However, this film belongs to Hugh Jackman’s lead performance. For a long time, Jackman has been one of my favourite actors, delivering truly spectacular performances both on screen and on the stage. And with The Son, he may finally get his long overdue Academy Award. He demands your attention from start to finish, creating the emotional devastation of the story as a father struggling to see how truly upset his son is. There is a levity to his performance, making him someone you cannot help but gravitate towards, especially as he deals with his own issues with his father, played with a formidable performance by Hopkins. Though, when push comes to shove and the film enters its emotionally devastating moments, Jackman rips open his soul with his performance and shows a vulnerability and emotional range that we have never seen from him. While the film may be called The Son, it is Jackman who runs away with the film and will emotionally break audiences with his performance. 

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Opposite Jackman is Zen McGrath as Nicholas, and he delivers an excellent performance. Perfectly capturing the tortured mindset of Nicholas, McGrath wears his emotions on his sleeve and delivers a great performance. It may be too forced at times, but he finds the honesty of this young man struggling with his mental health. The majority of his scenes are paired with Jackman, and the two of them are an unstoppable force in this film. I love Laura Dern and she can do no wrong in my mind, and while she brings a warmth and compassionate persona to the film while she is on screen, she is severely underused for the majority of the film.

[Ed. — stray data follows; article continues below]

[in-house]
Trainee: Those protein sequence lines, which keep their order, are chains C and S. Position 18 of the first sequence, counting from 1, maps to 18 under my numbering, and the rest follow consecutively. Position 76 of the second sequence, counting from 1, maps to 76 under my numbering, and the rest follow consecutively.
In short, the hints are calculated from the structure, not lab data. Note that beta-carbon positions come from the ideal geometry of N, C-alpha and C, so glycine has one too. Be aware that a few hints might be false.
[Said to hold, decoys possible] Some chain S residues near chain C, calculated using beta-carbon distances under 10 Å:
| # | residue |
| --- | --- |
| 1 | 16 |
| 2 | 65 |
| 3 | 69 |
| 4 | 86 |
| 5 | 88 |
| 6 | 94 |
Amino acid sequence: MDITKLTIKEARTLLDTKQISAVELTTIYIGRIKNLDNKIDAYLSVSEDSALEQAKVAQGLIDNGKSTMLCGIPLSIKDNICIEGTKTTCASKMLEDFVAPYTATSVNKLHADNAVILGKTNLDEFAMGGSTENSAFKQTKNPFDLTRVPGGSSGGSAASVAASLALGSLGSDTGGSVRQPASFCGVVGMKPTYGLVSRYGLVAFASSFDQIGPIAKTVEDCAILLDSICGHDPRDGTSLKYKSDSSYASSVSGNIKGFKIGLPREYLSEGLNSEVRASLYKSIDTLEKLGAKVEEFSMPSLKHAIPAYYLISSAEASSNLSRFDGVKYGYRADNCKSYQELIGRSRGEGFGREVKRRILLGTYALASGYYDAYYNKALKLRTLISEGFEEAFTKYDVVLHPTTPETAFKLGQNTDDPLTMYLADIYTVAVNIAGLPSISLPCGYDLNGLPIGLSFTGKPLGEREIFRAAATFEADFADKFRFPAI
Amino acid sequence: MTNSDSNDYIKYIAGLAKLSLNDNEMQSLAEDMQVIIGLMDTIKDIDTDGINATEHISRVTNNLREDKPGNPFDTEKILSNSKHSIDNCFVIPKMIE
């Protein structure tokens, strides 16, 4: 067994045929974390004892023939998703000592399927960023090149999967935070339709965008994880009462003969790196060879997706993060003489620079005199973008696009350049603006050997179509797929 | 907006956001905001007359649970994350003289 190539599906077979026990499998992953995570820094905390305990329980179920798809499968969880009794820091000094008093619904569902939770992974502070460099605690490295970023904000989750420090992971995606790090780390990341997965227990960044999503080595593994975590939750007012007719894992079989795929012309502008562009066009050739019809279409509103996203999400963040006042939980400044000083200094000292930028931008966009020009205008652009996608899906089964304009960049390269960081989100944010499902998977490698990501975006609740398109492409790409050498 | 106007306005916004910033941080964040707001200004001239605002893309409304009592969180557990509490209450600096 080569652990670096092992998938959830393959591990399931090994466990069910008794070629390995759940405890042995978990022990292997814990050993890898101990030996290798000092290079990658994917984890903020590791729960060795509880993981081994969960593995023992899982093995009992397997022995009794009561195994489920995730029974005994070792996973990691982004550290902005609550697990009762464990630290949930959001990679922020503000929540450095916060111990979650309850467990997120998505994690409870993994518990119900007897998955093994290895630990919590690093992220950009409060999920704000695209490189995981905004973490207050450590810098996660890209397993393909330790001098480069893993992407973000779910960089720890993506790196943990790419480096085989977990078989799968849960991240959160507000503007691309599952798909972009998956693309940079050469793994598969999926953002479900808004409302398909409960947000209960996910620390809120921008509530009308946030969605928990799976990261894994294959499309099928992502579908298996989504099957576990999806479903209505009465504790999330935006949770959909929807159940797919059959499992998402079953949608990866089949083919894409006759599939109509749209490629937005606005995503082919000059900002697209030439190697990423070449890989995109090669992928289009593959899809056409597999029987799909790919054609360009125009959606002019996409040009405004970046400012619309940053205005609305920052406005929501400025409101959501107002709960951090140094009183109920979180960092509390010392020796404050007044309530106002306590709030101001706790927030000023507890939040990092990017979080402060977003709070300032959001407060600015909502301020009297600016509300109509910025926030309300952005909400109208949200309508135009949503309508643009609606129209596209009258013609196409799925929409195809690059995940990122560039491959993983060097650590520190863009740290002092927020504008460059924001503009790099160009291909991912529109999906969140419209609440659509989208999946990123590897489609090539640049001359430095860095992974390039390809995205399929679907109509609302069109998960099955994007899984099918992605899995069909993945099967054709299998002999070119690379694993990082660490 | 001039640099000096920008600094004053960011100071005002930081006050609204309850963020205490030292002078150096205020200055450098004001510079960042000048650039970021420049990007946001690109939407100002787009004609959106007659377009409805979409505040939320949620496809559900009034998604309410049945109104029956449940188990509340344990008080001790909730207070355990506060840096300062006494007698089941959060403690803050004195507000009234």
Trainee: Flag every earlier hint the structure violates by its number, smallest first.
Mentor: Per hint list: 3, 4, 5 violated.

It is Vanessa Kirby who gives the memorable supporting performance as Jackman’s new wife. Her character is more involved in the story with Nicholas living with her and Peter, and she goes through the struggle of trying to support her husband through this difficult time while trying to protect her family unit. Kirby gives a beautiful performance that captures the complexity of her character and her situation as she sees the dark path Nicholas is on and fights sto shield her newborn baby from the consequences of that path. She shares her scenes with Jackman, and the two of them have a beautiful connection that leads to some intense and wonderful moments between them. 

 

Compared to The Father, The Son isn’t nearly as outstanding but delivers the emotional sucker punch you expect from Zeller. Brutally honest and polarizing in its honest and raw depiction of teenage mental illness and the effects it has on the entire family, The Son is another excellent film from Florian Zeller that features one of the finest performances of High Jackman’s career that launches him right into the Oscar race.

RATING: 4 out of 5